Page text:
A look back at 2021
Published 8:15 am Friday, January 21, 2022
Throughout the month of January each edition of The Charlotte Gazette will highlight the events of 2021 as they appeared each week. This week’s edition takes a look back at the months of July through Sept. of 2021.
• The Piedmont Health District is experiencing a new surge in COVID-19 cases as the delta variant arrives in the area.
From Monday, July 19, to Monday, July 26, most counties in the Piedmont Health District experienced large jumps in COVID-19 cases.
According to the Virginia Department of Health (VDH), from the week of July 19 to July 26, Charlotte and Lunenburg counties each saw five new cases of COVID-19 compared to eight and two cases, respectively, the week prior.
• One issue facing school divisions this fall is mask requirements The Virginia Department of Health (VDH) and the Virginia Department of Education (VDOE) recently released new guidance for pre-K through 12 schools for the upcoming school year.
The interim guidance for COVID-19 prevention in Virginia pre-K through 12 schools reinforces the importance of in-person learning and supports school divisions in making decisions on masking and other prevention measures, as informed by local data and guidance from the Centers for Disease Control and Prevention (CDC).
According to the VDH, pre-K through 12 schools will make locally informed decisions on masking and prevention measures, as informed by CDC recommendations.
• Creating a place for community members and creating jobs, all while giving back, is what Keysville’s new ice cream shop is all about.
King Street Church held its grand opening of Sundae Service Thursday, July 22.
The ice cream shop, run entirely by youth members of the church, is located in the former Tri-County Ford Building.
According to King Street Church Pastor David Malcom, the church continues what former ice cream shop owner Kim Henry began.
“She ran the Polar Express here,” said Malcom. “When we purchased the building, we just thought this is such a great asset to the community that we needed to continue it.”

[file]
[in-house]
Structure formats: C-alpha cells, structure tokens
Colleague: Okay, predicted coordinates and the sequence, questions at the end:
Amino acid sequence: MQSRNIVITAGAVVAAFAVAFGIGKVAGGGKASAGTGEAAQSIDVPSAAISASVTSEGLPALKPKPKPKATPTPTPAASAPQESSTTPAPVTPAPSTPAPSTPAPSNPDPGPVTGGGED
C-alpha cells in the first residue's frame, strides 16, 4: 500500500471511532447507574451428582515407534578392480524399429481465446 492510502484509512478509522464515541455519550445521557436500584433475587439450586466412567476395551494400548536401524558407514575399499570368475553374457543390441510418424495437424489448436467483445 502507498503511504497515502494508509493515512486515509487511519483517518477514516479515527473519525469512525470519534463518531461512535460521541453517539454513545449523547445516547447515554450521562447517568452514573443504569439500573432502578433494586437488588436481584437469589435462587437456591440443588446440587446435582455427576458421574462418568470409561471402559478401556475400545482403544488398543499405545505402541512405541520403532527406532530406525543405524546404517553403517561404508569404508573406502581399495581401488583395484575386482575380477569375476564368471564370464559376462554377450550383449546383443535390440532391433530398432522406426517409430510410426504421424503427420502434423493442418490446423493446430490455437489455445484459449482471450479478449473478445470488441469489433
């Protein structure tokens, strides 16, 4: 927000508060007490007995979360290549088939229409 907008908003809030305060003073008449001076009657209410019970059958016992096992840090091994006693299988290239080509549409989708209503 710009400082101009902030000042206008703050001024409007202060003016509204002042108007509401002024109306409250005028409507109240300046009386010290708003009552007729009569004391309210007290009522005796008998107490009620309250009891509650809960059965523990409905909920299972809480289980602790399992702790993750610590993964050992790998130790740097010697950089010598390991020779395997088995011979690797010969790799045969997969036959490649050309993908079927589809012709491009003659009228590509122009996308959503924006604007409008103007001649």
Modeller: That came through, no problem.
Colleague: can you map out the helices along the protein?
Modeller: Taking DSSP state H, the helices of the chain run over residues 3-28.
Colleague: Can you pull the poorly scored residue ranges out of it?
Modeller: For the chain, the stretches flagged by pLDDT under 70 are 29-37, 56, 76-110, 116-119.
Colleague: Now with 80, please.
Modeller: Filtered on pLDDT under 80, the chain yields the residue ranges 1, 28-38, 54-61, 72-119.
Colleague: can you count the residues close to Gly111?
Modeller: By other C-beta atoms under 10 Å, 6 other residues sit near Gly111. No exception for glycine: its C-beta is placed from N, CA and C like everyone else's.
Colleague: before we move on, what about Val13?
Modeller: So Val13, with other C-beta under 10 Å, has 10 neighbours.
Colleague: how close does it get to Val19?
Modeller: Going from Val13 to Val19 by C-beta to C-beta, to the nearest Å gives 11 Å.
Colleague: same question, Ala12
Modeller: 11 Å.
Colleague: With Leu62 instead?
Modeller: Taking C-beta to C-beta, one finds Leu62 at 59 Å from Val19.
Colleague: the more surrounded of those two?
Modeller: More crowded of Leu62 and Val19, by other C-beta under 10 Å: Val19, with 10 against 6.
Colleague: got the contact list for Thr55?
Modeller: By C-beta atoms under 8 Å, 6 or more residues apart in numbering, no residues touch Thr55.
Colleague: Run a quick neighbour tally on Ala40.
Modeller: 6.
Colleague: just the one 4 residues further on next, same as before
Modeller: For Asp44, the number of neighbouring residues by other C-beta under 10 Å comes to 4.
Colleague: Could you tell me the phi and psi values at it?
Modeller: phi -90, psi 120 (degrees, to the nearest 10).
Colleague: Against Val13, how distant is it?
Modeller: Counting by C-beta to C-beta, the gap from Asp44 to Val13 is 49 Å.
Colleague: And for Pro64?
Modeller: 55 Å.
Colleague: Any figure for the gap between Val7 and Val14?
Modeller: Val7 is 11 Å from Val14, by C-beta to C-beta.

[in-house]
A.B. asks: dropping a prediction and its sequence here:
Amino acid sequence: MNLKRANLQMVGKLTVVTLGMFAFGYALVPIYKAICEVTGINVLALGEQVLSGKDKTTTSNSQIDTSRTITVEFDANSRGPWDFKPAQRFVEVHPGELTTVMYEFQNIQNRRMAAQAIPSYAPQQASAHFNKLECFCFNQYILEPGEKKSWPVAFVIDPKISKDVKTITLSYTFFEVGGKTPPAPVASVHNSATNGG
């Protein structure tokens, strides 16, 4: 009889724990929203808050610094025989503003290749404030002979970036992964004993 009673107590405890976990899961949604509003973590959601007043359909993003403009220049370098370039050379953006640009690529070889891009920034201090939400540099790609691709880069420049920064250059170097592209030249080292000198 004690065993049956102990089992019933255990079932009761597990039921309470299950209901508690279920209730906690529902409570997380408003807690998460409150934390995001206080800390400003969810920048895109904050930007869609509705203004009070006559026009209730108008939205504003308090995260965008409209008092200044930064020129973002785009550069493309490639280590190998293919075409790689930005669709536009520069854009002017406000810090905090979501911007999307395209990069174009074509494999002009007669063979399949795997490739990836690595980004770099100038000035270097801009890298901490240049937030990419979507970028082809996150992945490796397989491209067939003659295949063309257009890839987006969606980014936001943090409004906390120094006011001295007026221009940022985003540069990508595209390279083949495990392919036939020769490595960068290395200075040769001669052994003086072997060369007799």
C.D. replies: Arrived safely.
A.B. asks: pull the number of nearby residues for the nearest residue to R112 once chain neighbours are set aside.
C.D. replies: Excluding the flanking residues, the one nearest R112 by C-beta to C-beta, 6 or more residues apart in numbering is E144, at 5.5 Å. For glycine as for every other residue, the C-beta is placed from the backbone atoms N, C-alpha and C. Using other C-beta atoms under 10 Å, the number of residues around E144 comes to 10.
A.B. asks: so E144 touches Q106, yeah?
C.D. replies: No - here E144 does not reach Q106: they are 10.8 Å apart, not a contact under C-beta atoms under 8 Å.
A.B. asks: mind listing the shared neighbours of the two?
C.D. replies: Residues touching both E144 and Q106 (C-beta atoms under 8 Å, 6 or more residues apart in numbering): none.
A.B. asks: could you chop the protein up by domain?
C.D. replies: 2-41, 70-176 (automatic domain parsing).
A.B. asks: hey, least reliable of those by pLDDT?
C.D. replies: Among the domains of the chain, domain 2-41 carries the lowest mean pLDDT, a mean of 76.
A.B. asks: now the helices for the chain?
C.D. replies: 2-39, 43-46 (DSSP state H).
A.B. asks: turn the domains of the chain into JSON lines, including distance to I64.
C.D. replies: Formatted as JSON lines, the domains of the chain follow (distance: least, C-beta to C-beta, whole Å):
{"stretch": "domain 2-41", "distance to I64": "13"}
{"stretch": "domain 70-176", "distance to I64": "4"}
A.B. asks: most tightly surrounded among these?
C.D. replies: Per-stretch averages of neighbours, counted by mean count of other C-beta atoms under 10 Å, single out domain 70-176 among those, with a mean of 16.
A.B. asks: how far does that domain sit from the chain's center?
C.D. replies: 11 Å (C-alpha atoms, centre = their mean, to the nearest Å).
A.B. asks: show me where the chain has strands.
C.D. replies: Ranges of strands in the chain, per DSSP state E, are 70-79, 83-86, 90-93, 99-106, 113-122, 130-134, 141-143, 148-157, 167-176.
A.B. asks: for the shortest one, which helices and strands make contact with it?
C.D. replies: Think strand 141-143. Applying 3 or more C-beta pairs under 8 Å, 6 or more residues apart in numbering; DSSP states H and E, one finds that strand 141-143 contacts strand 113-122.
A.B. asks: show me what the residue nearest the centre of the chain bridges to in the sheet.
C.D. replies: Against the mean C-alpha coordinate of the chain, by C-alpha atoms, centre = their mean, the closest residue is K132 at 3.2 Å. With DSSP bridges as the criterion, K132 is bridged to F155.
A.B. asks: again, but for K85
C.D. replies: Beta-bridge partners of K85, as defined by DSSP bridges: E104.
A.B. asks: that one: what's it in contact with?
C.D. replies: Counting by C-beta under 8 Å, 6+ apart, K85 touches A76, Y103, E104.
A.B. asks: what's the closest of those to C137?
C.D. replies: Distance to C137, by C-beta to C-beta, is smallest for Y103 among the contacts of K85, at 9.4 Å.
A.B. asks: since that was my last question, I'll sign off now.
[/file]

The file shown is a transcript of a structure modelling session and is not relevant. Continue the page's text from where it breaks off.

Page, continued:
According to Malcom, the youth will decide what to do with the profits from the shop.
“They run this, Malcom said. “They will decide where to use the funds whether it be to fund mission trips, helping others in the community or donating to other causes.”
Malcom said the ice cream shop is not about making money for the church.
“This is all about bringing the community together, creating jobs, and teaching our youth business skills while serving the community,” he said.
• Charlotte County may become home to yet another solar facility.
NOVI Energy has submitted its application to the county to develop a 218MW solar project located in the area of Welsch Tract Road and Bethlehem Road near Charlotte Court House.
According to the developer’s application, the project known as Tall Pines Solar will be located on approximately 1,775 acres of land owned by four different landowners.
The project will connect with existing transmission lines that traverse the site.
Based in Novi, Michigan, NOVI Energy is also the developer of the recently approved 150 MW Courthouse Solar project.
According to Assistant County Administrator Monica Elder, county staff received the application June 7. The project is currently under review.
According to Elder, after reviewing the Tall Pines application, a letter was sent to NOVI Energy late last week indicating a list that included several items specifically required in the zoning regulations but was omitted from the application.
• Bacon District Volunteer Fire Department members honored one of their own Saturday, Aug. 21. Wade Stembridge was honored with a surprise celebration, celebrating 41 years as a member, 23 years as fire chief, and his 75th birthday.
• Data from the 2020 U.S. Census shows Charlotte County’s population has declined by 8.4% since 2010. In comparison, the population went from 12,597 to 11,529.
Federal funding to the county may decrease as a result of a decline in population.
As the federal government distributes $1.5 trillion in annual spending across 316 federal programs over the next decade, the collected data from the 2020 census will help guide spending.
Medicaid, direct student loans, highway construction grants, low-income tax credits, and funding that counties receive for everything from local schools to rebuilding community centers and infrastructure are among these programs.
According to Charlotte County Administrator Dan Witt, county officials have not been informed why the population is declining. “We will be inquiring how to appeal/challenge the results as I believe this decline does not represent the actual county population.”